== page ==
Carroll commissioners propose budget of $260.7 million for '05

Most of increase allotted for education, public safety

April 23, 2004|By Hanah Cho | Hanah Cho,SUN STAFF

Faced with more demands for services and numerous requests for additional funding from county agencies, Carroll County commissioners unveiled yesterday a $260.7 million operating budget for next year that commits more money for public safety, the community college's new nursing program and numerous one-time capital projects.

The proposed spending plan for fiscal year 2005, which begins July 1, is 6.5 percent higher than this year's budget of $244.7 million. Most of the $16 million increase would pay for continued funding for the county school system, round-the-clock ambulance services, the Sheriff's Office and the detention center.

In preparing the budget, the commissioners were faced with an increased demand for public safety and other services, rising expenses and a growing population with higher expectations, said Ted Zaleski, the county's budget director.

"In Carroll County, consistently, we have had more people to serve," he said. "Arguably, if the commissioners are hearing `This is what you should be offering,' at least they need to consider them."

The three officials are also proposing to transfer $4.4 million to the capital budget to pay for much-needed road repairs and maintenance, the library's new Finksburg branch and infrastructure projects to encourage economic development.

"Anyone driving on Carroll County roads can easily see they need work," Zaleski said.

Of that $4.4 million, the commissioners have set aside $500,000 to begin planning for a project to relieve crowding at North Carroll High School in Hampstead. School officials are considering several options, including building a school.

"The commissioners felt strongly that when the Board of Education decides where to go, money will be available," Zaleski said.

The spending plan also takes into account uncertainties about the state budget. The commissioners are proposing to increase the county's reserve by $782,990 to make up for possible state cuts.

Gov. Robert L. Ehrlich Jr. has yet to sign a budget, and the Board of Public Works has suggested that it may make additional cuts in anticipation of a looming $800 million state deficit for the fiscal 2006 budget, Zaleski said.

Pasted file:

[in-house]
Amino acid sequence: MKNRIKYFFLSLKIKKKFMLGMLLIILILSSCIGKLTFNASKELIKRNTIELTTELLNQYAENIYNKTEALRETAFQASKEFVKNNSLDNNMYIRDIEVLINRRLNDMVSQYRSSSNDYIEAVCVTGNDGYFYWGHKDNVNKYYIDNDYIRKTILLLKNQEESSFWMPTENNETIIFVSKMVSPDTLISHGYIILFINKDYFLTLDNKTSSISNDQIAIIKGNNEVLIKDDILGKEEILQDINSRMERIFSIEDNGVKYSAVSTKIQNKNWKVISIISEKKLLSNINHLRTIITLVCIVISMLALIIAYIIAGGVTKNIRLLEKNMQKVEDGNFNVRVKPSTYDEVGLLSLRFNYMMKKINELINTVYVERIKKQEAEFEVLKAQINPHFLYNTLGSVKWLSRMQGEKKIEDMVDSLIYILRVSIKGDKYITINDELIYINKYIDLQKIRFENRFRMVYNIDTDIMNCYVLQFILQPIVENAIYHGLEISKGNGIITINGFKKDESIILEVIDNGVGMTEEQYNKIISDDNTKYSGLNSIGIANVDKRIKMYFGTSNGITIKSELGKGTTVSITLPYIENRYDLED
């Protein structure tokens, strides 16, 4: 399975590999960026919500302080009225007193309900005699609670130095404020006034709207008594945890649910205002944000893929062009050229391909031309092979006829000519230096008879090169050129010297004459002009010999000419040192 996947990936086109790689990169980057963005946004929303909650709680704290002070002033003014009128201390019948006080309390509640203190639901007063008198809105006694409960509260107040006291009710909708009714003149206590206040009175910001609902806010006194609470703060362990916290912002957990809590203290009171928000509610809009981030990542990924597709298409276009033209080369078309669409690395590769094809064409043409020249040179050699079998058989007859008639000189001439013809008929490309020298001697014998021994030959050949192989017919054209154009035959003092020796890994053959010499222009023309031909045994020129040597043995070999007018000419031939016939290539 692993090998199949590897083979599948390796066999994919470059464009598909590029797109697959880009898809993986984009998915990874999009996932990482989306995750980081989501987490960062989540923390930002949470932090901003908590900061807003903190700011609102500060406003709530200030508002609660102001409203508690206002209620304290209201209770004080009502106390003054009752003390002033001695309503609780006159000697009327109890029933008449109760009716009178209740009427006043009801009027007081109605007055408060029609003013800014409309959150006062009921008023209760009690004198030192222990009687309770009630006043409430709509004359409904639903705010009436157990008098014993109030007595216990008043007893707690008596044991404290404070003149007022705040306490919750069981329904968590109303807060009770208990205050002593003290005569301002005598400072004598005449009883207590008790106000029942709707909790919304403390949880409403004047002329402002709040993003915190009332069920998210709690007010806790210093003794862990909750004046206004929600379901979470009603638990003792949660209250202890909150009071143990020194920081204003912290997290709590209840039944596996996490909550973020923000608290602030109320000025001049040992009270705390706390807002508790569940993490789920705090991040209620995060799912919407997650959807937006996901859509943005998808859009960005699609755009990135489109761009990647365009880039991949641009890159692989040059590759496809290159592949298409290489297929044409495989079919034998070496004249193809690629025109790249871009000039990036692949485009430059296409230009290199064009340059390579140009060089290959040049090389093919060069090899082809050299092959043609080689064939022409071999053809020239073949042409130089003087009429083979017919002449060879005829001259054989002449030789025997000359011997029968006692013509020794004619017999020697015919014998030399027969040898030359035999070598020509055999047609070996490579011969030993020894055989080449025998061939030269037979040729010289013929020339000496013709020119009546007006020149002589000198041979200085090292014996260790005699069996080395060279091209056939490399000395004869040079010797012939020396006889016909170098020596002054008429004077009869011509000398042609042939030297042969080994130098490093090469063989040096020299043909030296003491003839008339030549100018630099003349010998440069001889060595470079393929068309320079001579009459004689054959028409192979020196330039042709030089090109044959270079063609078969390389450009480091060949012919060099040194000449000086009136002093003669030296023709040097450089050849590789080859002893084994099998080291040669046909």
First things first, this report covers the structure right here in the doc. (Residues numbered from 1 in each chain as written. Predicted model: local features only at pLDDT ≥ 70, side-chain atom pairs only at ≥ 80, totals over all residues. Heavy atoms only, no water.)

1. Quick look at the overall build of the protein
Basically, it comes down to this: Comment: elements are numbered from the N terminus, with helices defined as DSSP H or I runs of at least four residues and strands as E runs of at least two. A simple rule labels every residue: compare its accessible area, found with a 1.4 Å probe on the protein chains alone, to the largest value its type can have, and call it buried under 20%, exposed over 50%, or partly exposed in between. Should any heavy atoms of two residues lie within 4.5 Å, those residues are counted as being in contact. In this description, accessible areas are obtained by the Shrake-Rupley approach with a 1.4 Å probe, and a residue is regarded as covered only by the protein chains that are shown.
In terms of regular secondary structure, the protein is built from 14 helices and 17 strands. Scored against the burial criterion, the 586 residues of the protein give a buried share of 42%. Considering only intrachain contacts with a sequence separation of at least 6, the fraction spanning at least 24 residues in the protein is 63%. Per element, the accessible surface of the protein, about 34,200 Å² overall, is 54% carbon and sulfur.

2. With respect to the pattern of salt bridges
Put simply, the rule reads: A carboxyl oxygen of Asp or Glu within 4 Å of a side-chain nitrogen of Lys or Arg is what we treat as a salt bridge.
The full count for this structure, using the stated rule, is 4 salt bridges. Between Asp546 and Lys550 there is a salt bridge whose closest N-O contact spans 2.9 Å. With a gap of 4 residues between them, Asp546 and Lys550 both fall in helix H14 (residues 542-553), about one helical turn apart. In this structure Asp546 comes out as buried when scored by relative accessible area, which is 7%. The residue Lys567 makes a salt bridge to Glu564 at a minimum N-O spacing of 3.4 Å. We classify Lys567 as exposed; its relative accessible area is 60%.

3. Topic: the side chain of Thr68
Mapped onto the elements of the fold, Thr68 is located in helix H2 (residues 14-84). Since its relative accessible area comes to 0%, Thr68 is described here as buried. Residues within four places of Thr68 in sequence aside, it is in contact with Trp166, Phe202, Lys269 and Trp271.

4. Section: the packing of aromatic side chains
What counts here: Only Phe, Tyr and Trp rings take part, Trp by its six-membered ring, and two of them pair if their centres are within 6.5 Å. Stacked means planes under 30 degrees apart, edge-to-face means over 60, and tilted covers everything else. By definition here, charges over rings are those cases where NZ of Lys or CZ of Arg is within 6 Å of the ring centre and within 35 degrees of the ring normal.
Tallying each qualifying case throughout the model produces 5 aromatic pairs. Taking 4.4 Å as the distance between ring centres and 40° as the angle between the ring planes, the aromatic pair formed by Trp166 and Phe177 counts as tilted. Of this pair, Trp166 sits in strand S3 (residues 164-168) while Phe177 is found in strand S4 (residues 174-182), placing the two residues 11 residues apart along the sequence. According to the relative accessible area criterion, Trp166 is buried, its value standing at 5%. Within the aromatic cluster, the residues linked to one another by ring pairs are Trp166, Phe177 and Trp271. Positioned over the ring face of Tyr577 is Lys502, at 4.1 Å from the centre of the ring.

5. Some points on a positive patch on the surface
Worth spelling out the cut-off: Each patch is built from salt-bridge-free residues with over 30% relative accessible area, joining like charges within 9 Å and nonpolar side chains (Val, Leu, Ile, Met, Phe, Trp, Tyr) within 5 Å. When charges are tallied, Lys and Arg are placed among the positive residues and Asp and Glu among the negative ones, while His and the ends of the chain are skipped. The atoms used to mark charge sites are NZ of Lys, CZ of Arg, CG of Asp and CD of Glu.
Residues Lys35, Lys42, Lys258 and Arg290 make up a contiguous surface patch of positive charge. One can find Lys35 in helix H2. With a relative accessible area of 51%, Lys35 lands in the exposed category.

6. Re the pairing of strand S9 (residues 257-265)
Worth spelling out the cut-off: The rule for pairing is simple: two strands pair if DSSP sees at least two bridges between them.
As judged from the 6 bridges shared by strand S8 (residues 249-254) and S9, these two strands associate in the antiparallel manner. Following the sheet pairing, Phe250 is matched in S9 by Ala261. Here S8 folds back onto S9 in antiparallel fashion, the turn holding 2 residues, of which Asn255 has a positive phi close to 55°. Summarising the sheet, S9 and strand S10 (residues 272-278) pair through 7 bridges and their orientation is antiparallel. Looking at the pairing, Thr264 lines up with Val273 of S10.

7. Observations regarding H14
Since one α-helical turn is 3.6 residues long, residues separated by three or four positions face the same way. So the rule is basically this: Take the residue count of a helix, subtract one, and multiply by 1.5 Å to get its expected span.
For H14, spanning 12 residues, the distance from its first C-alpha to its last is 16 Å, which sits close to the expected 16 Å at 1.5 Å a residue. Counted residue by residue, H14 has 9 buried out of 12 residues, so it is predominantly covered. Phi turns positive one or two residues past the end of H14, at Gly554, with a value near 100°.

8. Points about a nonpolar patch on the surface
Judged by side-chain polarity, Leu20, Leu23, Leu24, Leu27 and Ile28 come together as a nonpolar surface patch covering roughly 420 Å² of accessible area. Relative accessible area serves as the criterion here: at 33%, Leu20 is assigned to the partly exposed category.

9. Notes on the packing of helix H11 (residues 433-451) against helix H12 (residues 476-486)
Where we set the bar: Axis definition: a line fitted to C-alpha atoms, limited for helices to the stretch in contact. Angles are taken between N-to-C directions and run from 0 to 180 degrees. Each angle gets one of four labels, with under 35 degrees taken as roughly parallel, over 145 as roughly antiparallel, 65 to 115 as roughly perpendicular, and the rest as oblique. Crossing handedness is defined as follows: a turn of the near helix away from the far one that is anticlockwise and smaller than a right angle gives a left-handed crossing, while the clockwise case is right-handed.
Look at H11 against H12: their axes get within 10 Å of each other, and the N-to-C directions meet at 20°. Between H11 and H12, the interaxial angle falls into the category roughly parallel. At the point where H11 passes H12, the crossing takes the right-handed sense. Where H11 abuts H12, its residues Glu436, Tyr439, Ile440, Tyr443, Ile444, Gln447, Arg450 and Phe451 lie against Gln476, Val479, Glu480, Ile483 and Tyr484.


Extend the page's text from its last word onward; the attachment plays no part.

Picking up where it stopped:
At the beginning of the budget process, county staff recommended a $259.5 million spending plan.

The latest proposal increased by about $1 million because the county received higher property tax estimates from the state, Zaleski said.

In the proposed budget, one-time revenues were used for one-time projects so the county would not be faced with scrambling to find more money for continuing expenses, Zaleski said.

More than half of the county's proposed budget for next year goes to Carroll schools, but education officials asked for about $2.5 million more than they have been allotted.

Carroll Community College is receiving $99,000 to hire two new staff members for the college's nursing program at its new nursing and allied health building, scheduled to open in the fall.

The county's library system receives an increase of about $400,000 over this year's budget.

Other agencies that asked for more money didn't fare as well. Most departments saw little or no increases in their budgets.

During three days of hearings, numerous nonprofit organizations, including those that provide services for mentally and developmentally disabled people, said they were facing rising demands for such services.

The agencies - including CHANGE Inc., Target Community and Education Services Inc. and the Arc of Carroll County - did not get their requests for an additional $5,000 each.

The county's proposed $60.2 million capital budget includes money for farmland preservation, road repairs and relocation of the county's 911 center.

A public hearing on the budget is scheduled for 7:30 p.m. May 11 at Carroll Community College, 1601 Washington Road.

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